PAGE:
Rangers need to do more to contain Sidney Crosby

Rangers need to do more to contain Sidney Crosby

Gerard Gallant said he didn’t want the Rangers to focus on Sidney Crosby, and by golly, his team followed the head coach’s instructions to a tee.

Unfortunately, the Blueshirts seemed to interpret Gallant’s message literally, with No. 87 and linemates Jake Guentzel and Bryan Rust turning in a dazzling and dominating performance in the Penguins’ 4-3 triple overtime victory at the Garden on Tuesday to grab a 1-0 lead in the best-of-seven.

Crosby did not get the winner. That belonged to Evgeni Malkin, who scored on a deflection that counted as the 83rd shot against a gallant Igor Shesterkin after 105:58 of pulsating hockey. The Rangers had their chances, oh they had their chances throughout this contest — in which Casey DeSmith equaled Shesterkin’s work before leaving with an undefined ailment 9:18 into the second overtime. Relief netminder Louis Domingue pitched shutout ball the rest of the way while facing 16 shots.

So though Shesterkin was superlative in this one, the Penguins found that he was not impregnable. Who would be? The fact though is that DeSmith and Domingue canceled the Blueshirts’ perceived edge in nets right off the bat. Shades of Jeff Zatkoff in 2017.

If the Rangers entered this match inexperienced, they sure got heaps of it in this contest in which they grabbed a 2-0 lead early in the second off a dominant first 23 minutes before penalty trouble, and Crosby’s unit engineered a dramatic sea change in the contest.

Sidney Crosby (second from right) celebrates with Jake Guentzel (59) and his teammates after Guentzel's goal during the second period of the Rangers' 4-3 triple overtime loss to the Penguins.
Sidney Crosby (second from right) celebrates with Jake Guentzel (59) and his teammates after Guentzel’s goal during the second period of the Rangers’ 4-3 triple overtime loss to the Penguins.
N.Y. Post: Charles Wenzelberg

The Rangers no longer were as straight-line. Their forecheck game — keyed by a four-line rotation that resembled rolling thunder — largely evaporated. The Blueshirts fell back into their habit of looking for the perfect play instead of getting the puck in deep or to the net. Neutral-zone turnovers resulted. Shots from the middle of the ice were passed up in favor of passes to more acute angles. Opportunities were missed.

The Rangers earned their first power play at 8:58 of the first period on which they capitalized with Adam Fox giving his team a 1-0 lead at 9:19. Over the next 97 minutes, the Blueshirts never got a second chance.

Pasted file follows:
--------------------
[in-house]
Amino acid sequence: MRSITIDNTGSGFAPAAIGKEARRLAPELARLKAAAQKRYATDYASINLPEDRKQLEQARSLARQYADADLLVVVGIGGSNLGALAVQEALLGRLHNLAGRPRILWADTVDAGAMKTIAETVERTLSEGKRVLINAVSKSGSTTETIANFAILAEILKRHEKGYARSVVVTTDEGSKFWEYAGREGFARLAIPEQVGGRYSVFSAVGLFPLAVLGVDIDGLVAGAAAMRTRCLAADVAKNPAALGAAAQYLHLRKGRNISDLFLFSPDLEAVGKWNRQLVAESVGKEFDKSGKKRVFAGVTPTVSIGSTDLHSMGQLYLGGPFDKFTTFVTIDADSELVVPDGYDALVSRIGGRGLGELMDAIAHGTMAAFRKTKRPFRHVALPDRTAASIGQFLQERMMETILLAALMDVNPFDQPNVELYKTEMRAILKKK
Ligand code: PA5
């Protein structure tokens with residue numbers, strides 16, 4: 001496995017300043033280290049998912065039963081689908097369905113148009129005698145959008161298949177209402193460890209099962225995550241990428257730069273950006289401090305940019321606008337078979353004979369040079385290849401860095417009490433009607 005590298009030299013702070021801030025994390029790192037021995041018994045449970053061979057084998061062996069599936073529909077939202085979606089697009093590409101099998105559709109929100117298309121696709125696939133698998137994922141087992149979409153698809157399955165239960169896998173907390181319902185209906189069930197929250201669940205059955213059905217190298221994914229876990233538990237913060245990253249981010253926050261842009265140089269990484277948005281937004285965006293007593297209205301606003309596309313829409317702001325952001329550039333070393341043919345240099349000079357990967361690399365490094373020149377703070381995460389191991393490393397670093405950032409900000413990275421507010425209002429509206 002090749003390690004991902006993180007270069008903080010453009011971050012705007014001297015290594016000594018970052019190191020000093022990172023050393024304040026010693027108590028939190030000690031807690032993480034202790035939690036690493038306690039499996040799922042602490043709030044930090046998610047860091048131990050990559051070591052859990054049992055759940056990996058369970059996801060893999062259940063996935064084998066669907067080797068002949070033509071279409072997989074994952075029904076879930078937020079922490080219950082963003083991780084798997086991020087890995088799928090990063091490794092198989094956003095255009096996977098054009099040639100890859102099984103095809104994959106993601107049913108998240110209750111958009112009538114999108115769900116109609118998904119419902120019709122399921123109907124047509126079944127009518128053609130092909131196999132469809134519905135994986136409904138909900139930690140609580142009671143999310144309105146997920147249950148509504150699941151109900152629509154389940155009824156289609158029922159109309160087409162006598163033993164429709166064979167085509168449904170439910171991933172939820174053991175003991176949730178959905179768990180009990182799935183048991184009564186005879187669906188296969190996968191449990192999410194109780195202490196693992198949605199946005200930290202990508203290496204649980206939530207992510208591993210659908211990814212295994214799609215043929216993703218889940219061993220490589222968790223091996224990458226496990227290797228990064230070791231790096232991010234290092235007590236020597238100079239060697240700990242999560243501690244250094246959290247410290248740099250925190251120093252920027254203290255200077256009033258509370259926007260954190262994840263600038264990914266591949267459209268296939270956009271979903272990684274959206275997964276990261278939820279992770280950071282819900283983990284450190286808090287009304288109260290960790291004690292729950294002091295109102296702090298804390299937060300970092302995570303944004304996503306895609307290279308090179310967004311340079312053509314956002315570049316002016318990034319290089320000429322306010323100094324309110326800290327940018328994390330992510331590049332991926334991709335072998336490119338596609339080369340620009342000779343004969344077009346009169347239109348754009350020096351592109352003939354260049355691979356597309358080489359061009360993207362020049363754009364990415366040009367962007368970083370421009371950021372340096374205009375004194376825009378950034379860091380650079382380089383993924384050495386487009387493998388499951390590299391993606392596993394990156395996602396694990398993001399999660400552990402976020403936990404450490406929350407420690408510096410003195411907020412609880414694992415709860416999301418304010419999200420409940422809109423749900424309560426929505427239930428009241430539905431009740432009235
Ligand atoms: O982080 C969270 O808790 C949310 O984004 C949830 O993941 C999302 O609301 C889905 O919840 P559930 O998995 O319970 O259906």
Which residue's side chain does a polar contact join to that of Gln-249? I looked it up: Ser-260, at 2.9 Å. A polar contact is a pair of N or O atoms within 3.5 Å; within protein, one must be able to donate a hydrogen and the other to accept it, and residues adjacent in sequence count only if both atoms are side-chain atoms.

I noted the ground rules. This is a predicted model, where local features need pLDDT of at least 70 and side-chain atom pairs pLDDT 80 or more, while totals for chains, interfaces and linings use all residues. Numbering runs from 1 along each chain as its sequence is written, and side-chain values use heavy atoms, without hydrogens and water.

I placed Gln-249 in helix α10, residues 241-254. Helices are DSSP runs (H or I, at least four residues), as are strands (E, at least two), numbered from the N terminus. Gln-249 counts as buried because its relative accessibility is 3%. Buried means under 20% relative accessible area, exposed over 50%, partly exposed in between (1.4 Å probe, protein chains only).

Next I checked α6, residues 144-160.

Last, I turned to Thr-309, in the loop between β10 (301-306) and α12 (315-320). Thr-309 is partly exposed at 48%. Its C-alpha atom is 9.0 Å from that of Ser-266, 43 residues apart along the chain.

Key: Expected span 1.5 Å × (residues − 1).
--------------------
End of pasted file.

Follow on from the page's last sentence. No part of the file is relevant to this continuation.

Gallant had all four of his forward units out against the Crosby connection through the first half of the match before settling on power-on-power with a straight match against the Chris Kreider-Mika Zibanejad line. It was not from a lack of effort, that’s for sure, but it proved a tough go, with the Rangers forced to play in their own end way too much of the time.

“They’re going to create chances but obviously the best way to keep them from getting their chances is to have the puck with some O-zone time,” said Zibanejad, who logged 14:07 against Crosby among No. 93’s total of 32:32. “It’s a hard battle, but I think it’s a fun challenge to go against a guy like that.

“I like that. Obviously I’m going to get to know him a lot better. So we’ll just move on.”

Crosby was sniffing around all night. He controlled play. This is a Crosby who did not appear in last year’s opening-round six-game defeat to the Islanders. His line amassed 71.67 percent of five-on-five attempts with a 72.73 percent shot share and an ungodly 78.96 xGF playing against an elite opponent.

There was much good in this one, even though the club could neither maintain its game or leads of 2-0 and 3-2. Those guys who came in without playoff experience have a heavy dose of it now. The Kid Line with Alexis Lafreniere, Filip Chytil and Kaapo Kakko had a number of impressive moments. They grew throughout this one, even if it was a double-teamed Chytil who lost the puck on the game-ending sequence.

The Blueshirts did try and get the puck on Domingue, but could never quite create the golden opportunity to beat him, even in a wild second overtime period in which the clubs sent a combined 36 shots on net (19 for the Blueshirts), or nearly two a minute. Seems kind of impossible.

Artemi Panarin had a tough night, bottled up much of the time, often trying to force the issue. Frustration emanating from No. 10 was obvious, even as his unit with Ryan Strome and Andrew Copp created multiple opportunities. Just two shots on net in 10 attempts in 34:10 of ice time for Panarin.

This was only Game 1. The Rangers have to file this, learn from it, and hope that this workload does not impair Shesterkin for Thursday’s Game 2. Life comes quick in the playoffs. So does Crosby. The Rangers might want to focus a bit more closely on No. 87 the next time.


Rachel Meadows

Rachel Meadows

Trending topics news writer who enjoys cooking, walking her dog and travel.

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